The berries can be used fresh, smashed or minced, though they pack the most punch when dried—no dehydrator necessary. Just leave them out on a tray to shrivel up and brown. It’ll take four days, tops, and they’ll brown more quickly and evenly if you shake the pan every day or so. Spicebush berries have a high oil content, so they form a paste of sorts if buzzed too enthusiastically in a spice grinder. I prefer a mortar and pestle. You might even bash them with the flat of your knife and then chop them up.

I strip the leaves from the twigs, lay the leaves out on a tray, and allow them to dry at ambient temperature. The twigs I don’t dry, as they give you the clearest flavor when used fresh, preferably in the spring, when the plant is newly invigorated. You can use the dried leaves to make a soothing tea, but they are fairly bland alone. They taste best when mixed with dried mint. The twigs are more promising. I stick a few in nearly every batch of bitters I make, where they impart a subtle citronella note.

When seasoning, there’s a fine line between “Not enough spicebush” and “Whoa, too much spicebush!” I’m still learning it. I have found you need to be more generous with dried spicebush than with other spices, but you should draw your own conclusions. The experimenting is part of the fun. Start playing around and see. Here are a few ideas to get you going. (Prefer not to forage, or can’t? Buy spicebush berries here.)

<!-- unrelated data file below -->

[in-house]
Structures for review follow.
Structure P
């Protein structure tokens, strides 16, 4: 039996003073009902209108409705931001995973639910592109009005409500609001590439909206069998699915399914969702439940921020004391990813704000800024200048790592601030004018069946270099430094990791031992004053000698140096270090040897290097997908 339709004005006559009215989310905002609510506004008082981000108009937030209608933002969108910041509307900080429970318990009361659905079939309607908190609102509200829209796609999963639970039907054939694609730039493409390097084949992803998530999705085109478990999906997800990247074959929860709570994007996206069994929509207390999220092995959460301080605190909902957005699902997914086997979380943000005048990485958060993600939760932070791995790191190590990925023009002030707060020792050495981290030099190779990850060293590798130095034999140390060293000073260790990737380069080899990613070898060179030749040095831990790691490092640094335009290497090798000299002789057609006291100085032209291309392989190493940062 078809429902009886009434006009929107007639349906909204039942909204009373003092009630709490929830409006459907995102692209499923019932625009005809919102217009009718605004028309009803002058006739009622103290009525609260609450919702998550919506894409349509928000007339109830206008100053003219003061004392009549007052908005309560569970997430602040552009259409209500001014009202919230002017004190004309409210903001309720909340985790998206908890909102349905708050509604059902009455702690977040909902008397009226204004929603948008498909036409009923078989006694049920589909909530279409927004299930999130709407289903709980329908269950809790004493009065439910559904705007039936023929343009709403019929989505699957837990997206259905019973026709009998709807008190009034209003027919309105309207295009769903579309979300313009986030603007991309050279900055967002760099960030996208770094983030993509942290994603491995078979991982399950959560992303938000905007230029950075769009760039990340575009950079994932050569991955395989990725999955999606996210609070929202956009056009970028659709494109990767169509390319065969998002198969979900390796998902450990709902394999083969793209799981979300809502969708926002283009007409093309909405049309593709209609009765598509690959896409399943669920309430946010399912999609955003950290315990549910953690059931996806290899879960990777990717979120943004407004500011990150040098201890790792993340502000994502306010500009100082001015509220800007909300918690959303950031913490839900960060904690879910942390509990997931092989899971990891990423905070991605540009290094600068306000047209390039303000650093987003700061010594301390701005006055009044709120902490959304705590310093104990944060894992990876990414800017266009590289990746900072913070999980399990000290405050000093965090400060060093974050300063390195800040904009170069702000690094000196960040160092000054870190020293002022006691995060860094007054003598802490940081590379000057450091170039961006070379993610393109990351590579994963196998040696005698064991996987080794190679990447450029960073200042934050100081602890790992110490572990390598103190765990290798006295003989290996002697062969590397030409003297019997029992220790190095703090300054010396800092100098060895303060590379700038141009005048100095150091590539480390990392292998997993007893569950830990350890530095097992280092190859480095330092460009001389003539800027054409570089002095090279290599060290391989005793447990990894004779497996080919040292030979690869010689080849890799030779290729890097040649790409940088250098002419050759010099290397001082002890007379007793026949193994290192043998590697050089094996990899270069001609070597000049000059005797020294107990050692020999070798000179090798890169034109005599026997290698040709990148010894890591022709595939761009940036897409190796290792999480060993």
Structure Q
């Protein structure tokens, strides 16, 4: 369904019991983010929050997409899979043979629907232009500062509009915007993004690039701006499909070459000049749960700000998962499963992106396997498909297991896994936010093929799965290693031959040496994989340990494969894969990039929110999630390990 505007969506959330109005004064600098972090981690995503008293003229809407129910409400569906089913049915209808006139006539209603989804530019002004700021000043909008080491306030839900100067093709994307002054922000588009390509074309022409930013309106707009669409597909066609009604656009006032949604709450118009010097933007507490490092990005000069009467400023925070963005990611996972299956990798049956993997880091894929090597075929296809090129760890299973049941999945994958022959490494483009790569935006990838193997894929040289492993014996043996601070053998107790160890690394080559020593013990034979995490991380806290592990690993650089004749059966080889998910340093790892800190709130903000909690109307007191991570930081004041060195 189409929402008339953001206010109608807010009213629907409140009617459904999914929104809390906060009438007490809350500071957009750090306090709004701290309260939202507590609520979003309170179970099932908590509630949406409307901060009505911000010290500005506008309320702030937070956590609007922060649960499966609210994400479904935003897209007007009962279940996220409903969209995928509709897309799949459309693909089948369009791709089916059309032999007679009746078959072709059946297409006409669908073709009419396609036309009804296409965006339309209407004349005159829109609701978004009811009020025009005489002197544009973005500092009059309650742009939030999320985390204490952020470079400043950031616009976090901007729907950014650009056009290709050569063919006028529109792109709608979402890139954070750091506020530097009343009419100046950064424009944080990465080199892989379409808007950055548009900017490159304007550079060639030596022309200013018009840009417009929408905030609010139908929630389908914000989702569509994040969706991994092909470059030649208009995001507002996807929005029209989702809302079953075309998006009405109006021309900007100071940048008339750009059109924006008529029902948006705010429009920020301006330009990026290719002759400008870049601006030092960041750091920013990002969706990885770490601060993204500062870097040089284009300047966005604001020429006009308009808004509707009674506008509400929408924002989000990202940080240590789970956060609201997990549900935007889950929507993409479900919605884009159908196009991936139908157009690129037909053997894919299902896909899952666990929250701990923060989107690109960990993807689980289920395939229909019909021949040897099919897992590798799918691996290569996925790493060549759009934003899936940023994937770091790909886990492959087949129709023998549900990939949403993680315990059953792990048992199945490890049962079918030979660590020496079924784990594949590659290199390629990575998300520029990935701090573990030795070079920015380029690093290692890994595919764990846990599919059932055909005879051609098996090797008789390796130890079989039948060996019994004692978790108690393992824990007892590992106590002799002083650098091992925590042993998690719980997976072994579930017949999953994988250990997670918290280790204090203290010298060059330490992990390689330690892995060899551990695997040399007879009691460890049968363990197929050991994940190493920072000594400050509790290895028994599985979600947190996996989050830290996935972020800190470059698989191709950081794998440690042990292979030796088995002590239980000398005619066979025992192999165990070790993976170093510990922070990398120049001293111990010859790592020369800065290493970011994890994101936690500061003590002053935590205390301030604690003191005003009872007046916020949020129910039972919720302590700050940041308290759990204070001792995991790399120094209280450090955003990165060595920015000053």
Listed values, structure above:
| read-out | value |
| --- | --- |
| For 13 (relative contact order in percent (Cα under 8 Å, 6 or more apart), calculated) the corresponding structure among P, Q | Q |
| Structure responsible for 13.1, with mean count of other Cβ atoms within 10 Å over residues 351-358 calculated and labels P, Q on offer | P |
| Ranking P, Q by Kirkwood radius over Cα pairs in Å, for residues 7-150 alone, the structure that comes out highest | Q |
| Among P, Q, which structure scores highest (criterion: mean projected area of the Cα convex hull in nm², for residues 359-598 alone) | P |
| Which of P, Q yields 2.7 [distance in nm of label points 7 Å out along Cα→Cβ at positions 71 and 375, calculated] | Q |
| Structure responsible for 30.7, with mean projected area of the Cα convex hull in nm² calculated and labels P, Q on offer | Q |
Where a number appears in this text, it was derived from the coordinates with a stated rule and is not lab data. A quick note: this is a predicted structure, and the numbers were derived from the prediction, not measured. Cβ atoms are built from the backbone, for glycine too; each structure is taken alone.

• Add dried berries to fermenting kraut or braising red cabbage.
  • Make a marinade for shrimp from ground cumin and dried spicebush berries, plus garlic and soy sauce. Skewer the shrimp on spicebush twigs that have been stripped of their leaves, then grill.
  • Make annatto oil, adding a ton of flavor by using an equal ratio of spicebush berries to annatto (achiote) seeds. That makes a striking, sharp-tasting finishing oil that’s nice drizzled over fatty red meat. This is very restaurant-y.
  • Add spicebush berries or twigs to steeping batches of vermouth, or whatever the hell else you can dream up. A number of heartland distilleries use spicebush berries in their gin formulas.